Expanding its mapping of landmark exhibitions and curatorial history from the 1960s to today, the "Archives" series dedicates its fifth DVD to Sonsbeek, an art manifestation held in 1971 and 1986 in and around Arnhem (Netherlands). Mainly showcasing large installations and sculptures in natural surroundings, these two events are crucial to the history of outdoor exhibitions, shifting the boundaries of traditional sculpture. Held six years before the first Sculpture Projects Münster (1977), "Sonsbeek 1971," curated by Wim Beeren, questioned the traditional concept of sculpture and exhibition, introducing film and video, and environmental art—notably through the now canonical examples of Robert Smithson, Panamarenko, and Claes Oldenburg. Fifteen years later, "Sonsbeek 1986," curated by Saskia Bos, proposed another rethinking of the exhibition by offering the visitor a "scaterred experience." The artworks were exhibited in specially designed glass pavilions throughout Sonsbeek park. Presenting the actuality of "new sculpture," the show brought together works by Katharina Fritsch, Michael Asher, Luciano Fabro, Ettore Spalletti, Thomas Schütte, Jan Vercruysse, Reinhard Mucha, Mario Merz, Hidetoshi, and James Casebere.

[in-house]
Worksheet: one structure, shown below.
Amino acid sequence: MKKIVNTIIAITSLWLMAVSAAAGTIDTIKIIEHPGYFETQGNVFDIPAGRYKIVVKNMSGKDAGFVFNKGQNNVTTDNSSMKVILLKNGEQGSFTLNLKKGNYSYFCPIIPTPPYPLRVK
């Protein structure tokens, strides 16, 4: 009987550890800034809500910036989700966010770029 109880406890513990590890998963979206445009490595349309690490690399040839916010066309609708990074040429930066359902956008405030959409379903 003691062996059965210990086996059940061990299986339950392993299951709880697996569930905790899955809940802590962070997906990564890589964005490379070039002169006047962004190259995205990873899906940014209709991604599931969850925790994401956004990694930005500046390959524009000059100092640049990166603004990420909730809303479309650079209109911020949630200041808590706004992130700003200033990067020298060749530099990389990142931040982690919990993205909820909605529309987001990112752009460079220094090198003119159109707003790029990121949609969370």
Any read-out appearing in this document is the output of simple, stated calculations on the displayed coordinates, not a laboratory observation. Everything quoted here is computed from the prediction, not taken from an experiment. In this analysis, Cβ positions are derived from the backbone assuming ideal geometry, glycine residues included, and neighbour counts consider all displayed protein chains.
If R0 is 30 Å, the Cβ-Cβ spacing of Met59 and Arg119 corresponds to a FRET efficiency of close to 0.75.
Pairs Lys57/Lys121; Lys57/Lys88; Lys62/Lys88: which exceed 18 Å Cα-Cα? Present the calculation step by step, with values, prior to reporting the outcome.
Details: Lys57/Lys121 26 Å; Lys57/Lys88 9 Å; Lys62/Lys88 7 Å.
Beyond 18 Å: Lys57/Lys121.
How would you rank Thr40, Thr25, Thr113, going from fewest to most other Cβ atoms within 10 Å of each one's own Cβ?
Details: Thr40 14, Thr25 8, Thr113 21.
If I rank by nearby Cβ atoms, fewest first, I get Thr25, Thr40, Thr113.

Filmed by Jef Cornelis with his habitually acute sense of dramaturgy and his provocative mise-en-scène of theoretical conflicts, "Sonsbeek Buiten de Perken" (1971) and "Spaziergaenger mit Hund–Sonsbeek" (1986) constitute a unique moving image documentation of those pioneering art events that renewed the exhibition format.
Jef Cornelis mainly worked for VRT, the Flemish Belgian national television. He realized more than 200 films, especially on architecture, literature, and the arts.
Yves Aupetitallot is an art historian, curator, and art critic. His illustrated essay in the booklet offers essential reference points that elucidate the context and debates of these pivotal outdoor exhibitions.